My thoughts are darker, I’m moodier and I have mood swings so bad I feel like I might have whiplash. I have just started a new job which is causing me to concentrate and has taken its toll on my brain which has been on sick leave since December. I’m tired, my husband is tired. I don’t find his jokes as much fun as I used to. The little patience I did have has all but expired. This has started to affect my marriage. I’m pretty sure my husband, family and friends have noticed.

I’m trying my best to be me, it’s hard. But I’m just asking for time and patience and a little understanding. Like people say ‘anything worth having is never easy.’ I thank you for your patience.

But in the meantime, I apologise wholeheartedly for being a bitch.


A xo


“You don’t look sick!”

“It can’t be that bad surely,”

“It’s just woman problems.”

“Have you tried Paracetamol?”

“I know what you mean..”

Well in my world, if you’re not me, you can’t possibly know what I mean at all. For 6 months I have suffered with an agonising pain that appeared like clockwork every month. Tell me, do you know how hard it is to try to be optimistic when you know to expect the worst? As I said, probably not.

Opening your eyes in a morning with a pain so severe you can’t even sit up. You can’t even walk, having to crawl into the bathroom to throw up, having to lie there on the cold tiled floor whilst the bath fills slowly with scolding hot water. Having your abdomen covered, front and back, with heat-pads just to try and find some relief.
And worse, having to contact your employer and tell them you can’t go into work today as you’ve got really bad pains, “period pain”, trying to make them understand just how bad it is. Willing them to understand, thanking god when they do because you know there’s no way you could possibly make it into work without fainting and vomiting. Calling your boyfriend before he finishes work to make an emergency stop at the all night chemist for Tampax because you’ve almost used a full box in a day or so. Losing clots of blood the size of 50p coins, feeling so exhausted you think you might never move again. Asking your partner to carry you, put you to bed, rub your back, listen to you cry and scream in pain; then watching the hopeless, helpless look on his face as he tries to look after you the very best he can.

It’s funny really, I can’t actually explain to you what the pain feels like. When I try and think back to how it’s been the month before, it’s like I’ve blocked it out. All I can say is, when I think about having to go through that pain again this month, I feel a gut-wrenching fear that brings me to the edge of tears. I cannot do it again. And yet, it comes and I do and a month later I find myself back in the same situation.

Endometriosis. For those of you who aren’t aware of what it is (and there are a few, I was one!) It’s an illness where endometrial tissue is found outside of the womb. It causes excruciating pain, infertility, chronic fatigue, and in some cases; financial problems and relationship breakdown.
There is no cure. It’s average diagnosis time is 7 years; from first appearance of symptoms to diagnosis. That is not good. Understatement. Women are struggling all over the world, visiting their GP, being rushed to hospital, being admitted to hospital, trying to get help. To be in pain is the worst feeling in the world, worsened by the fact that you feel alone and unable to get help.

I have had 3 hospital admissions since August 2014 and several out of hours doctors appointments. I have struggled since February 2014 when my gynaecologist decided it was unlikely I had endometriosis and decided not to send me for the diagnostic laparoscopy. This man I met again on my 3rd hospital admission, he waltzed on to the ward and I felt an impending sense of despair. He had no idea who I was, or that he’d seen me before, he then told me he was sending for (another) scan and that the pain could be due to a water infection or I could be constipated or appendicitis – all that I’d heard before. The frustration I felt at the moment was strong enough that it could have lifted me off of the bed. He informed me after checking the scan that he would just help manage the pain as I was booked in for surgery in January 2015.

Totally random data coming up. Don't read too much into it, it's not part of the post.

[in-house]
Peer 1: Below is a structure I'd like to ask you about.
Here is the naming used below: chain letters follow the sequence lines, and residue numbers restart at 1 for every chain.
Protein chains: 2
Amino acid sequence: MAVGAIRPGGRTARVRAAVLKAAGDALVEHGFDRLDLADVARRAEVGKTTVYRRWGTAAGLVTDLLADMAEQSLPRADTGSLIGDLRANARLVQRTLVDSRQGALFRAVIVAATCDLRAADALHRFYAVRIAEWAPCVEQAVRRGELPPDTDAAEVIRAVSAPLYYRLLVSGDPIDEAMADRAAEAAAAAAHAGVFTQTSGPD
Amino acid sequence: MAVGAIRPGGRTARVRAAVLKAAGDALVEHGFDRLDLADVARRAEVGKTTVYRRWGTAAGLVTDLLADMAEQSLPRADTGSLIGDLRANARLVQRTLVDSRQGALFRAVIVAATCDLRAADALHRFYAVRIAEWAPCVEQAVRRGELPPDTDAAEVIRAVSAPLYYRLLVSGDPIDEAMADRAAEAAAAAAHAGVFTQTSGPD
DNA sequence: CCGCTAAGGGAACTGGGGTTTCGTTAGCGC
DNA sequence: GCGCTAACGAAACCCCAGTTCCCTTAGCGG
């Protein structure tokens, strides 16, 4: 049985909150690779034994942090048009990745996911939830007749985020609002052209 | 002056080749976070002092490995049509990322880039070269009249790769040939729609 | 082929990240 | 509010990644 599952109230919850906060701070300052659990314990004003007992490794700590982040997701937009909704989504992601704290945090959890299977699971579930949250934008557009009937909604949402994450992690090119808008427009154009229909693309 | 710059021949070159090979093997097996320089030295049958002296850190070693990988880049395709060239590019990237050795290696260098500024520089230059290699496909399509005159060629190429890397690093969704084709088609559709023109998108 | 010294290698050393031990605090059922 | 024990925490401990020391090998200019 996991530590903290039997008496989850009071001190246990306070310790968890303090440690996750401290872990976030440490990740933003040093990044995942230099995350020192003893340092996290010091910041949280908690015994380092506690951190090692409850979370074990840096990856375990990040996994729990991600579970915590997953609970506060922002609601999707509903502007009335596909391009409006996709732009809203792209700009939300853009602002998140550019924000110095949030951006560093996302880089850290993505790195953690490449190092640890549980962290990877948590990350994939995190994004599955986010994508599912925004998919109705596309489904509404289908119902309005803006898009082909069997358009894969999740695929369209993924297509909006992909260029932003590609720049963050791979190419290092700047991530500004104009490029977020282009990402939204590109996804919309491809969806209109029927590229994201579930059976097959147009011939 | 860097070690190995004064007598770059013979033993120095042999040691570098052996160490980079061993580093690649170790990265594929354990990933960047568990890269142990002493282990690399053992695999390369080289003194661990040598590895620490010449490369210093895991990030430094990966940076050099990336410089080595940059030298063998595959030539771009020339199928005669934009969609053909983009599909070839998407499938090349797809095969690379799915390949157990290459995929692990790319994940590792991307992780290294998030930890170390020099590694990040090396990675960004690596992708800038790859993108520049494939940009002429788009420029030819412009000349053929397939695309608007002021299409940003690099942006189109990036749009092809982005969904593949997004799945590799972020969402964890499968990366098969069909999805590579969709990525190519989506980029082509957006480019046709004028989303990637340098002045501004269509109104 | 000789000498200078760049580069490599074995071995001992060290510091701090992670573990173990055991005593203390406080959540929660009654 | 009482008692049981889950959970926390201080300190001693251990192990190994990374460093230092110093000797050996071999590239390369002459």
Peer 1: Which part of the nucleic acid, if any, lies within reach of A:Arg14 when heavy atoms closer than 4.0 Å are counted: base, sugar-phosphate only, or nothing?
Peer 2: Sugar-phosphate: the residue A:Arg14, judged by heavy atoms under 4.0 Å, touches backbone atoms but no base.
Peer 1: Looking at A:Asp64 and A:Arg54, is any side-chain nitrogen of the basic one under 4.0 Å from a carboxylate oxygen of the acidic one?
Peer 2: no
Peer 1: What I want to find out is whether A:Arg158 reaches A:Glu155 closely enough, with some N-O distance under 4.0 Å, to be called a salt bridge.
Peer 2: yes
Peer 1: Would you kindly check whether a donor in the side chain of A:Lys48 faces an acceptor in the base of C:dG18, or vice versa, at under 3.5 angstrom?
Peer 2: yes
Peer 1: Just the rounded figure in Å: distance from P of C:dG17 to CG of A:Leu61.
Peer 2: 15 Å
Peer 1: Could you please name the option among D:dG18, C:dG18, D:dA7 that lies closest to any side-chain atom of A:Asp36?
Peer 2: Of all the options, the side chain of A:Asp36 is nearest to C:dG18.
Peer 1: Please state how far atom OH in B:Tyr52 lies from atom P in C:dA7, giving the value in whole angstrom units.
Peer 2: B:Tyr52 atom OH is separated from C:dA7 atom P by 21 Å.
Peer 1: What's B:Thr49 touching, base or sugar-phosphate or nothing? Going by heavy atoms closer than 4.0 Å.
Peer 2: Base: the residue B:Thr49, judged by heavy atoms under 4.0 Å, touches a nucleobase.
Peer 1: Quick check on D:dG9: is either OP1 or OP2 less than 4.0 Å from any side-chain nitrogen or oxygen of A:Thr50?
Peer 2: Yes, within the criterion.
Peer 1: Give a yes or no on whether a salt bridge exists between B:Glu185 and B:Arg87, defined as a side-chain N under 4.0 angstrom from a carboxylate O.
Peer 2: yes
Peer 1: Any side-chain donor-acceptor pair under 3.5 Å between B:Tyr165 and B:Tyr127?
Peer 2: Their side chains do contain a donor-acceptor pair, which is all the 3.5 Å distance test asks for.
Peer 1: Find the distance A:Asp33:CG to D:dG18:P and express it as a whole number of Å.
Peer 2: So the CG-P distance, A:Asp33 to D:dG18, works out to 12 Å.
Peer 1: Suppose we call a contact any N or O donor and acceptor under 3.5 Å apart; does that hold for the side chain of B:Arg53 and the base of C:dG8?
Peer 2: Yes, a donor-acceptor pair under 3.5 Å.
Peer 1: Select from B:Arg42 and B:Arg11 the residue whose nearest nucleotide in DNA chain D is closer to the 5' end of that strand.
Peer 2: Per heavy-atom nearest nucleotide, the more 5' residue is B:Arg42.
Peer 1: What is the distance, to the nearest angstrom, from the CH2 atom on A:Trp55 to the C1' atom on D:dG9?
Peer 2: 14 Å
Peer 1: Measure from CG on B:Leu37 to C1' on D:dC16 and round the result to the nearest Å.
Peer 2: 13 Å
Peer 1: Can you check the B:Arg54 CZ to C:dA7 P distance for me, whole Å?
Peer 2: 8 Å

A week after I was discharged, 20th December, I married the love of my life. I only just made it down the aisle.

I mentally prepared myself for surgery, thinking positive despite several doctors telling me not to pin my hopes on the operation as they might not be able to find a cause of the pain. That in itself is a frightening thing. If they can’t find anything, I’ll just be left to deal with this every month by myself. Surely I wouldn’t have all this pain for no reason? But doctors assured me this could be possible; “some women just suffer more harshly than others with period pains.”

So I went under. I can’t tell you how long I was in surgery for, it felt like I’d only blinked. But the moment I opened my eyes, I was in agony. The nurse pumped me full of Morphine and Tramadol as I tried to listen to my consultant explain he had found severe endometriosis. That my ovaries had been fused to my pelvis. That if I wanted children, to have them sooner rather than later as my fertility would only decrease as I get older (but hey! there’s always IVF), and that an hysterectomy would be the final decision but was hopefully years and years away.
I can tell you, the relief that he’d found something, found an answer when I’d had none for months, I’ll admit I cried. And I have cried a lot since my surgery over 2 weeks ago. I’m still sore and I’m still learning what I can do to help myself and what options are.
But the first thing I realised, it’s not all hopeless. There are success stories. There are alot of women I have come to know that are surviving with endometriosis; brave, strong women. Most have been surviving a lot longer than I have, years they have endured such agony. All smiling on the outside, while suffering awful pain on the inside. I salute you ladies! You inspire me to look to the future with a positivity I didn’t have before Christmas, pre-op.

I debated whether or not to write this entry. Thinking it might be too much, it might not apply to everyone, maybe it does, maybe it doesn’t, but this is how endometriosis has affected me and my life. I hope whoever reads this has had a better time, or that this can help you understand and appreciate what I’ve been through.

My name is Aimée, I’m 24, married and I’m surviving with chronic endometriosis. There I said it.


Deep breath! aaaand let’s smile. These have made me smile:

George Michael – Faith —
Olly Murs Ft Demi Lovato – Up —
Jimmy Fallon’s lip sync battle with Will Ferrell & Kevin Hart —
Bruno Mars & Mark Ronson – Uptown Funk —
Ed Sheeran – Thinking out Loud —